The Go-To Interview Questions of Companies Like Warby Parker, Airbnb and More
February 26, 2019
You’ve probably been there before: a candidate’s breezing through an interview and knocking out great answers to all of your questions. But then it hits you...these answers are a little too good. They’re polished and rehearsed. You wish you could draw something out that’s a bit more reflective and spur of the moment.
And you can. It’s only a matter of asking the right question –– one that will give you insight into the candidate’s strengths, soft skills, working style, and overall fit for you company.
If you’re unsure what that magic question is for your company, never fear. To help inspire you, we did some digging to find out what some of the top companies are asking candidates in order to determine if they will be a successful hire.
1. Warby Parker: “What was the last costume you wore?”
One of Warby Parker’s core values is to “inject fun and quirkiness into work, life, and everything we do.” To spot people who can truly embody this value, the trendy eyewear brand asks interviewees what costume they last wore.
Of course, the company also relies on behavioral interviewing and practical assessments. But the costume question can reveal a candidate that doesn’t take themselves too seriously and is willing to be playful—a sign that they’ll thrive in a quirkier culture.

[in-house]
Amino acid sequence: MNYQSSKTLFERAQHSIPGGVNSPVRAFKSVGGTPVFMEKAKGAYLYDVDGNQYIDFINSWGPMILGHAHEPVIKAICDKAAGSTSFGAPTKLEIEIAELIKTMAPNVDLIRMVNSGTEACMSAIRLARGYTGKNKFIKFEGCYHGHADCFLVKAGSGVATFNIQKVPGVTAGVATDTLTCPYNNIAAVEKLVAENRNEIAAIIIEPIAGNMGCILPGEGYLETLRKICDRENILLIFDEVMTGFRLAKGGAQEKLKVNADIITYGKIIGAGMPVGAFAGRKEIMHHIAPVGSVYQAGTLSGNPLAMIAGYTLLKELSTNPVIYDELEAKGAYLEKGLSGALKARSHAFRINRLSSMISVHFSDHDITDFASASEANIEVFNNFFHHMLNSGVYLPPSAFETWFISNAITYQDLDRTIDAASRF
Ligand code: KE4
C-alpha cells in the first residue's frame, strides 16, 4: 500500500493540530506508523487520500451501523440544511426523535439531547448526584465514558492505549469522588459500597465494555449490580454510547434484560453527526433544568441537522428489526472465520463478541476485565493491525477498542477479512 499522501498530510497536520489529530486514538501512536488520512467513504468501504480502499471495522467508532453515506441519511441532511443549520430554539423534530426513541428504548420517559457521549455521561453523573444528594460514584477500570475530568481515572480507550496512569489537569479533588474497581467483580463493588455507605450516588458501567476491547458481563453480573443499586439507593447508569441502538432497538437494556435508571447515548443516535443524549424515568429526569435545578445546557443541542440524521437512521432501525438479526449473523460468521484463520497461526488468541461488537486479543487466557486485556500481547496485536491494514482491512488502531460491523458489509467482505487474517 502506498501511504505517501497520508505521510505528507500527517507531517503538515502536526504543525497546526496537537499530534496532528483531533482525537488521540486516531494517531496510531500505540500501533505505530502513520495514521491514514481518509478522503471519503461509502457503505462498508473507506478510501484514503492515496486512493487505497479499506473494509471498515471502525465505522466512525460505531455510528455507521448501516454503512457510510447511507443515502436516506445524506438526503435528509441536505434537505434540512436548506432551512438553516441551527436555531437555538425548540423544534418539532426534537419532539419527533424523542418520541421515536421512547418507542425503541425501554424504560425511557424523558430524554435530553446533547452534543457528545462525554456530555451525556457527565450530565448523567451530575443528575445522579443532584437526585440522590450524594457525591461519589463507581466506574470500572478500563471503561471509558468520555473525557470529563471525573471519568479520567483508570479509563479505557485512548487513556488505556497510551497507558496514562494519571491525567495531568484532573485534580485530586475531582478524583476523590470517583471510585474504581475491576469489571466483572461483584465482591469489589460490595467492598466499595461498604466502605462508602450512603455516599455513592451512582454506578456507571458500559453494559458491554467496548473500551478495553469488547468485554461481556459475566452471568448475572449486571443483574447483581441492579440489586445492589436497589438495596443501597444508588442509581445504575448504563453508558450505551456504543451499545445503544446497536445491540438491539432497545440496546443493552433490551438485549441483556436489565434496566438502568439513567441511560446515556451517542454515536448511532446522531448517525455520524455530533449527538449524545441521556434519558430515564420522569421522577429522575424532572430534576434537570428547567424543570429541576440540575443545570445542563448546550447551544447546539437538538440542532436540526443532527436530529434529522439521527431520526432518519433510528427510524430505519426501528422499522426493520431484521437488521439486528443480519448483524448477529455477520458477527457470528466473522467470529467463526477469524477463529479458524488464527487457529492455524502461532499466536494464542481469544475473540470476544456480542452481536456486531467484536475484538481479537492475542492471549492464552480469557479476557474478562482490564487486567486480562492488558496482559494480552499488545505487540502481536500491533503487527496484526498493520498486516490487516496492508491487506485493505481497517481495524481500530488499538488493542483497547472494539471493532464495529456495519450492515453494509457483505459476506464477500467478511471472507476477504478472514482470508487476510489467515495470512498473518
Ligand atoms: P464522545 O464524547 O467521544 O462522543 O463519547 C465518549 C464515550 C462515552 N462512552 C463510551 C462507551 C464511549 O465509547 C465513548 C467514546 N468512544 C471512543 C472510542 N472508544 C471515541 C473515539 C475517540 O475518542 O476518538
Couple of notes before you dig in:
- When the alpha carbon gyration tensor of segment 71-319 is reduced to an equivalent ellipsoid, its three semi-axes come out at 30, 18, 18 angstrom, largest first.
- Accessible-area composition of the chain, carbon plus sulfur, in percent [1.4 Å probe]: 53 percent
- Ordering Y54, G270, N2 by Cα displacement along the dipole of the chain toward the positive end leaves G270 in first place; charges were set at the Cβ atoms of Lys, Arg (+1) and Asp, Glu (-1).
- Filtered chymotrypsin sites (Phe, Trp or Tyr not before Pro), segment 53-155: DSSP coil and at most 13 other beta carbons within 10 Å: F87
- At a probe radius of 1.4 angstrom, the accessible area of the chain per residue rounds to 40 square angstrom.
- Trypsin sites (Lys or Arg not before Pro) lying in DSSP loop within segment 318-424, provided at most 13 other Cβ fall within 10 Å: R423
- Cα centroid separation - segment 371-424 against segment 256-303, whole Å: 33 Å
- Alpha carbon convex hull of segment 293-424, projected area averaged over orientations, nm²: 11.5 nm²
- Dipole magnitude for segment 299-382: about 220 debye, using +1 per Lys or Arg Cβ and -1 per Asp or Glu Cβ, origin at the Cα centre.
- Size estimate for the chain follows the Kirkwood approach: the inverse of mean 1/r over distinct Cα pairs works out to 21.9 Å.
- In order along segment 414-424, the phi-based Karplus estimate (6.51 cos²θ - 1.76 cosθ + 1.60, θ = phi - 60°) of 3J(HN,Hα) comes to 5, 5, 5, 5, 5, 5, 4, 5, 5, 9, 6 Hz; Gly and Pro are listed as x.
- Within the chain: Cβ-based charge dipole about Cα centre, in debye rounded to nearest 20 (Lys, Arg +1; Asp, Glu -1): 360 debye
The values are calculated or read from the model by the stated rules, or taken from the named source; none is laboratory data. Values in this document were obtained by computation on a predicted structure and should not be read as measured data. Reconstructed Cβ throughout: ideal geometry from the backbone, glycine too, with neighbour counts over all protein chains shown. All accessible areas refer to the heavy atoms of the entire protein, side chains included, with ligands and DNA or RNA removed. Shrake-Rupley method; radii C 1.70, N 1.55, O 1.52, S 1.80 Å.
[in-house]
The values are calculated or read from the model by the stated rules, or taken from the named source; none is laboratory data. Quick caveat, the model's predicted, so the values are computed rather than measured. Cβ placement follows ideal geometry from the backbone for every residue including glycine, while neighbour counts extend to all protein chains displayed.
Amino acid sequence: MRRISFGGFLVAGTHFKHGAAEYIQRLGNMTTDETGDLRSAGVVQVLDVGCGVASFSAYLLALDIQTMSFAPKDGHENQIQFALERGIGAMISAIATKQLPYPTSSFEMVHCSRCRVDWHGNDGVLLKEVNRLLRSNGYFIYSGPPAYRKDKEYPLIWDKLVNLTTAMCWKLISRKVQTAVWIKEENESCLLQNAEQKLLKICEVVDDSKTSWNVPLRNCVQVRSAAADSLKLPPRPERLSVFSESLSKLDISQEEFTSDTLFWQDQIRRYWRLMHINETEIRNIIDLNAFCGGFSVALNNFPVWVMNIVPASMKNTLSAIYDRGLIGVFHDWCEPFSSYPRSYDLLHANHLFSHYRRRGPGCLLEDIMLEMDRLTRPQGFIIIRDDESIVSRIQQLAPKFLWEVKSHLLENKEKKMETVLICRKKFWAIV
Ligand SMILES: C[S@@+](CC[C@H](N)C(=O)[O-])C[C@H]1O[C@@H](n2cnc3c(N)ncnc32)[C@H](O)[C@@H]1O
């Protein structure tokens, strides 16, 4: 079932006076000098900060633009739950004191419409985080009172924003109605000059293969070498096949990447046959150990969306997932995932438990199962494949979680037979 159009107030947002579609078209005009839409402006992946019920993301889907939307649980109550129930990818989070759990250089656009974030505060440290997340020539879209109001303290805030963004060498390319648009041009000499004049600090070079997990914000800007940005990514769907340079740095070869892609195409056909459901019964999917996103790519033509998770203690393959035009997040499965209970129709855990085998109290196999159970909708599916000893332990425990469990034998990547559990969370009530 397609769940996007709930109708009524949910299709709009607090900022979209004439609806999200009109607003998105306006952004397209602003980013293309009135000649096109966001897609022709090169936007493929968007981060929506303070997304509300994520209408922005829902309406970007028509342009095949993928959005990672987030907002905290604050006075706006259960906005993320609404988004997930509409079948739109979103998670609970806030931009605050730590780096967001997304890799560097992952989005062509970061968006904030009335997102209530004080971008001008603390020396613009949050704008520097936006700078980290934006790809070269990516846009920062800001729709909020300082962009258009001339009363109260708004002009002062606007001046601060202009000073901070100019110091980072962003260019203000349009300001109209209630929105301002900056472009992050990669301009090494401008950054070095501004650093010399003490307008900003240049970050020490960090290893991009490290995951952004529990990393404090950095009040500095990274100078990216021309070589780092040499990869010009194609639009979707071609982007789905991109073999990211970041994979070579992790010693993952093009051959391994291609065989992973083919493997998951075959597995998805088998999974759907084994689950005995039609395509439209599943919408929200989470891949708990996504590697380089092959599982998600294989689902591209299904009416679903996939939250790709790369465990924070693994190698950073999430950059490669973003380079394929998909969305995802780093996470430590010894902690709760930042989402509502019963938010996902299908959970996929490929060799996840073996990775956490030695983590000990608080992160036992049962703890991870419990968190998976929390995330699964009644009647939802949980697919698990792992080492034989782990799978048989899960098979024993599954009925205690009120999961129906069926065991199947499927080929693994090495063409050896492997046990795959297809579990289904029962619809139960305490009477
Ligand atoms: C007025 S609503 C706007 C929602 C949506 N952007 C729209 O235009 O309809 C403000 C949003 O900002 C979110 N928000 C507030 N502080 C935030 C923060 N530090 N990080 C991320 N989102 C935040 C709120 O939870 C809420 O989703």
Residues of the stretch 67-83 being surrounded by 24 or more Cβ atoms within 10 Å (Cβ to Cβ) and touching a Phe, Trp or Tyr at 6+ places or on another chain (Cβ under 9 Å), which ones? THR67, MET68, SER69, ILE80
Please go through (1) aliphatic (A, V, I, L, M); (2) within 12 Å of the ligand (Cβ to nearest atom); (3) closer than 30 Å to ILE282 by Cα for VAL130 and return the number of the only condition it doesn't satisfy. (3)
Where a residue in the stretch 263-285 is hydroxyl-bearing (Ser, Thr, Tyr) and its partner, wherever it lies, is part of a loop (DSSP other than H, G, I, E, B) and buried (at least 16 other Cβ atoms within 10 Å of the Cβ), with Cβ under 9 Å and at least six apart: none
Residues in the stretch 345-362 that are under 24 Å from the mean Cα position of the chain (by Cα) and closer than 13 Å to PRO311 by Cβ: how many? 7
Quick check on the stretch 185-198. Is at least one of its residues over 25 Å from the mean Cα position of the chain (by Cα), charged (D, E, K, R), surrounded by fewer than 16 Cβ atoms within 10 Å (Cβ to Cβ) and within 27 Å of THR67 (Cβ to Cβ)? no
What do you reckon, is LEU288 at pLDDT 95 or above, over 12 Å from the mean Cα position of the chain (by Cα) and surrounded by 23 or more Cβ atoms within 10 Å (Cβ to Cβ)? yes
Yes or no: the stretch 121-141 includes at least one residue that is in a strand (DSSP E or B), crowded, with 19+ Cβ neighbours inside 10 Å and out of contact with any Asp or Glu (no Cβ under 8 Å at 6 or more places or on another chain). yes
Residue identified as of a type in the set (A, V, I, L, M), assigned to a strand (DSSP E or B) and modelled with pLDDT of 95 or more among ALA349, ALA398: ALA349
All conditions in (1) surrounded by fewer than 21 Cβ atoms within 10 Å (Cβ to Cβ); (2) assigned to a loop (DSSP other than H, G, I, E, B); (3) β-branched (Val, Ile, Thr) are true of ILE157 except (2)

“If we hire the most technically skilled person in the world whose work style doesn’t fit here, they won’t be successful,” says David Gilboa, Warby Parker’s co-founder and co-CEO. “We find that people who are able to make the job environment fun build followership more easily.”
2. Airbnb: “How would you go about doing that?”
Airbnb didn’t become the travel staple it is today without a little help. To identify the creative, inquisitive talent that helped the platform grow, Airbnb’s recruiters have historically relied on one key question. After suggesting an idea or feature that Airbnb might want to implement on its platform, the interviewer asks the candidate: “How would you go about doing that?”
Jonathan Golden, Airbnb’s former Director of Product, says that this question is designed to spot “builders, not maintainers.” Airbnb wants scrappy, driven individuals who will get things done. Domain knowledge is not as important—it’s the can-do mindset that matters most.